Helping Children Find Holiday Cheer During a Recession
It's not all about gift giving
Casper Lassiter, campus director of the Children’s Aid Society at the Dunlevy Milbank Center, is inspired every day by the positivity of the children and families he works with. Raised in less fortunate circumstances, similar to the families he now facilitates, Lassiter says the Children’s Aid Society saved his life. It taught him appreciation, the importance of giving back, and mostly, how to find joy in the little things in life. It's those small things, like conversation and companionship, that place smiles on people’s faces.
“It makes me feel good because the families are so appreciative, even when it’s something small," says Lassiter who joined the Children's Aid Society when he was just nine years old. "With the kids, it’s our volunteers just holding their hands and having interaction with them that leave a positive experience.”
With the holiday season among us, the Children's Aid Society organizes holiday parties, food drives and gifts for those down on their luck. They understand the importance of making someone feel appreciated during a time of giving, even when people may not have anything to give this season.
“We definitely try to keep a pretty positive and family-orientated atmosphere year round,” says executive director of the Hale House Center Annie Murphy. “I think how that translates into the holiday season is that we try to keep things festive. It’s important for families to keep their spirit and morale up, for them to feel like they have the means to provide something nice to their family over the holiday. That can be tough when you’re talking about a homeless family with not a lot of resources.”
Overall, 2011 has been a rough year for American families. Many households have experienced a loss of income, and have had to budget like never before. Even though unemployment rates dropped below 9% in November (the lowest in two years) due to jobs created for the holiday season, Americans remain uncertain of the job market and economy, while reporting they will spend less on gifts this year because of their current financial situations.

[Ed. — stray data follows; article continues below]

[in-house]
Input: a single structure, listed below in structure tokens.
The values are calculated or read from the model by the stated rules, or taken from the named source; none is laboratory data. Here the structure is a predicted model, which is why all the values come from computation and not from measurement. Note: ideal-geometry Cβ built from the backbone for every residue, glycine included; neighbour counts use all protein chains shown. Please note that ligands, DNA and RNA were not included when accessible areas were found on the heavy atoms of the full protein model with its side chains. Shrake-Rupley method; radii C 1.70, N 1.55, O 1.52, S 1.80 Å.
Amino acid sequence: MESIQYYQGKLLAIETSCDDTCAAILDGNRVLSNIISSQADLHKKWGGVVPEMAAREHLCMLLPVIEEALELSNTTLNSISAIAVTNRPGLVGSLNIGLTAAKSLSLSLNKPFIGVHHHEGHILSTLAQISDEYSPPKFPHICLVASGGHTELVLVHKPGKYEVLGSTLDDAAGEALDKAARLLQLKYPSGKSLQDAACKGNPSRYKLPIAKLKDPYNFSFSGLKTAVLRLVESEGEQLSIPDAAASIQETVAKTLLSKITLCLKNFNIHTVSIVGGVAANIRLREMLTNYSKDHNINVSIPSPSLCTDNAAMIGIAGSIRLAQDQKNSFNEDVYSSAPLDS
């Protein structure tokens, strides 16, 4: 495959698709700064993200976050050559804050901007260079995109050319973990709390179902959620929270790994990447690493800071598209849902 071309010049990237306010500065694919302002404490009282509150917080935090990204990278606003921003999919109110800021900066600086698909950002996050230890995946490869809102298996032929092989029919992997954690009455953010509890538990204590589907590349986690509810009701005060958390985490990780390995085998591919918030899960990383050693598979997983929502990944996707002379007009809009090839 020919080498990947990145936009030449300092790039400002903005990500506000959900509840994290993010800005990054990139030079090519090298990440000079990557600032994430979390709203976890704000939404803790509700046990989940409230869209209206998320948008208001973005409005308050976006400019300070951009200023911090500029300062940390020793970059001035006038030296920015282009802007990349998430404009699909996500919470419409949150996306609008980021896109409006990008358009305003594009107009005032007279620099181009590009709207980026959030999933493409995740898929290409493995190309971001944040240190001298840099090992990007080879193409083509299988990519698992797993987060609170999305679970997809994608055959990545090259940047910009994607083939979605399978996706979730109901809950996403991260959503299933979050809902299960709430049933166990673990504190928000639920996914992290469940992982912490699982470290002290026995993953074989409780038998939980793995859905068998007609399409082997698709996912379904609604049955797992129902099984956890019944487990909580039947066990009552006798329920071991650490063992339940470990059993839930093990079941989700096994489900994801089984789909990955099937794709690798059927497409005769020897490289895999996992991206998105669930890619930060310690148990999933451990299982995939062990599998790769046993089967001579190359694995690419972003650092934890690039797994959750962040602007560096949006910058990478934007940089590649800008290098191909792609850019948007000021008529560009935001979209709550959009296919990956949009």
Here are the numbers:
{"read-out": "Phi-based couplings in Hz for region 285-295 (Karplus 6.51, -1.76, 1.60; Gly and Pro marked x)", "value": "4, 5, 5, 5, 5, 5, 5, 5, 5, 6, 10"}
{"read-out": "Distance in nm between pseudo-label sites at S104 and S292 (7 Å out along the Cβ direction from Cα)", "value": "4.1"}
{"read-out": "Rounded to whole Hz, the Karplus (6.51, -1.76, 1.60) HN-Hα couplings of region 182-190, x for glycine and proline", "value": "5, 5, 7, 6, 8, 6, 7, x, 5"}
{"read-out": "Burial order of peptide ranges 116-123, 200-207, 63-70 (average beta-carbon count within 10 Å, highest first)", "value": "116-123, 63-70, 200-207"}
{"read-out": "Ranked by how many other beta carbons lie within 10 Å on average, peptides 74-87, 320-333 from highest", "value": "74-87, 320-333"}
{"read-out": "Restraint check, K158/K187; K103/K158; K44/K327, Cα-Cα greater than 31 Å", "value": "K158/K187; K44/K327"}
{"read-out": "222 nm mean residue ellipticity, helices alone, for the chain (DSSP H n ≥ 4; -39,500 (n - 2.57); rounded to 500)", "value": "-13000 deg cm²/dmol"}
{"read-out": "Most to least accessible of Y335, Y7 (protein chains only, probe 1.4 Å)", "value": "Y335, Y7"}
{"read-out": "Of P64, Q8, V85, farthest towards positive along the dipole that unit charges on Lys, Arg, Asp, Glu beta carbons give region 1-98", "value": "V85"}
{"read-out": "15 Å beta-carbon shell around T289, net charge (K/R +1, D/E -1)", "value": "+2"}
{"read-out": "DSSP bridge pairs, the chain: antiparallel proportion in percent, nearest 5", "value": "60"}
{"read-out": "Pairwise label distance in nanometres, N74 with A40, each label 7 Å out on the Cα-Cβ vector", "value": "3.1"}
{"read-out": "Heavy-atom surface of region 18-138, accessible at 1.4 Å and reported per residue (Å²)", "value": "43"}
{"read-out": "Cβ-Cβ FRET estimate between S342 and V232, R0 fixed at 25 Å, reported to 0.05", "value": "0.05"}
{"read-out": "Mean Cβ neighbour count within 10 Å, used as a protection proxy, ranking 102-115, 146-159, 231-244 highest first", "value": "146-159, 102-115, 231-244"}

During these down times, organizers, who work with families going through traumatic times year round say it’s much more about family and togetherness than about monetary giving.
“It may sound cliché, but I think the important thing is not to lose what the true meaning of Christmas is really about,” says Brian Bob, development manager at Covenant House. “It’s not about all the gifts. We enjoy giving and receiving gifts, but we should understand it’s the quiet things you give, like your time.”
It is also important to remember the holidays are a time for “togetherness,” says Bob, who coordinates events at the shelter that allow fellowship among the families and volunteers.
“The events are important because they foster this idea of togetherness and that you’re not alone in the situation. When you have outside people coming in, it suggests that people on the outside are thinking of you and that you are not forgotten,” he says.
“It also creates dialogue among people to understand that this time will past. Even if the next Christmas is not perfect, things will get better. Though you are living in this moment, the plan is for you to move beyond this point.”
Murphy says she encourages her staff and members to make the most of the holiday season by not thinking it is all about gift giving.
“Whatever you can do, if you try to do it genuinely and passionately, and the best you can, that really shows. We might not be able to give all children iPads, but if we can work with them to be excited about the holidays and do that really well, then they do get excited about it. And the moms get excited about providing something for the holidays.”
She adds, “Don’t minimize the value of food and decorations. We always make sure to provide those two things."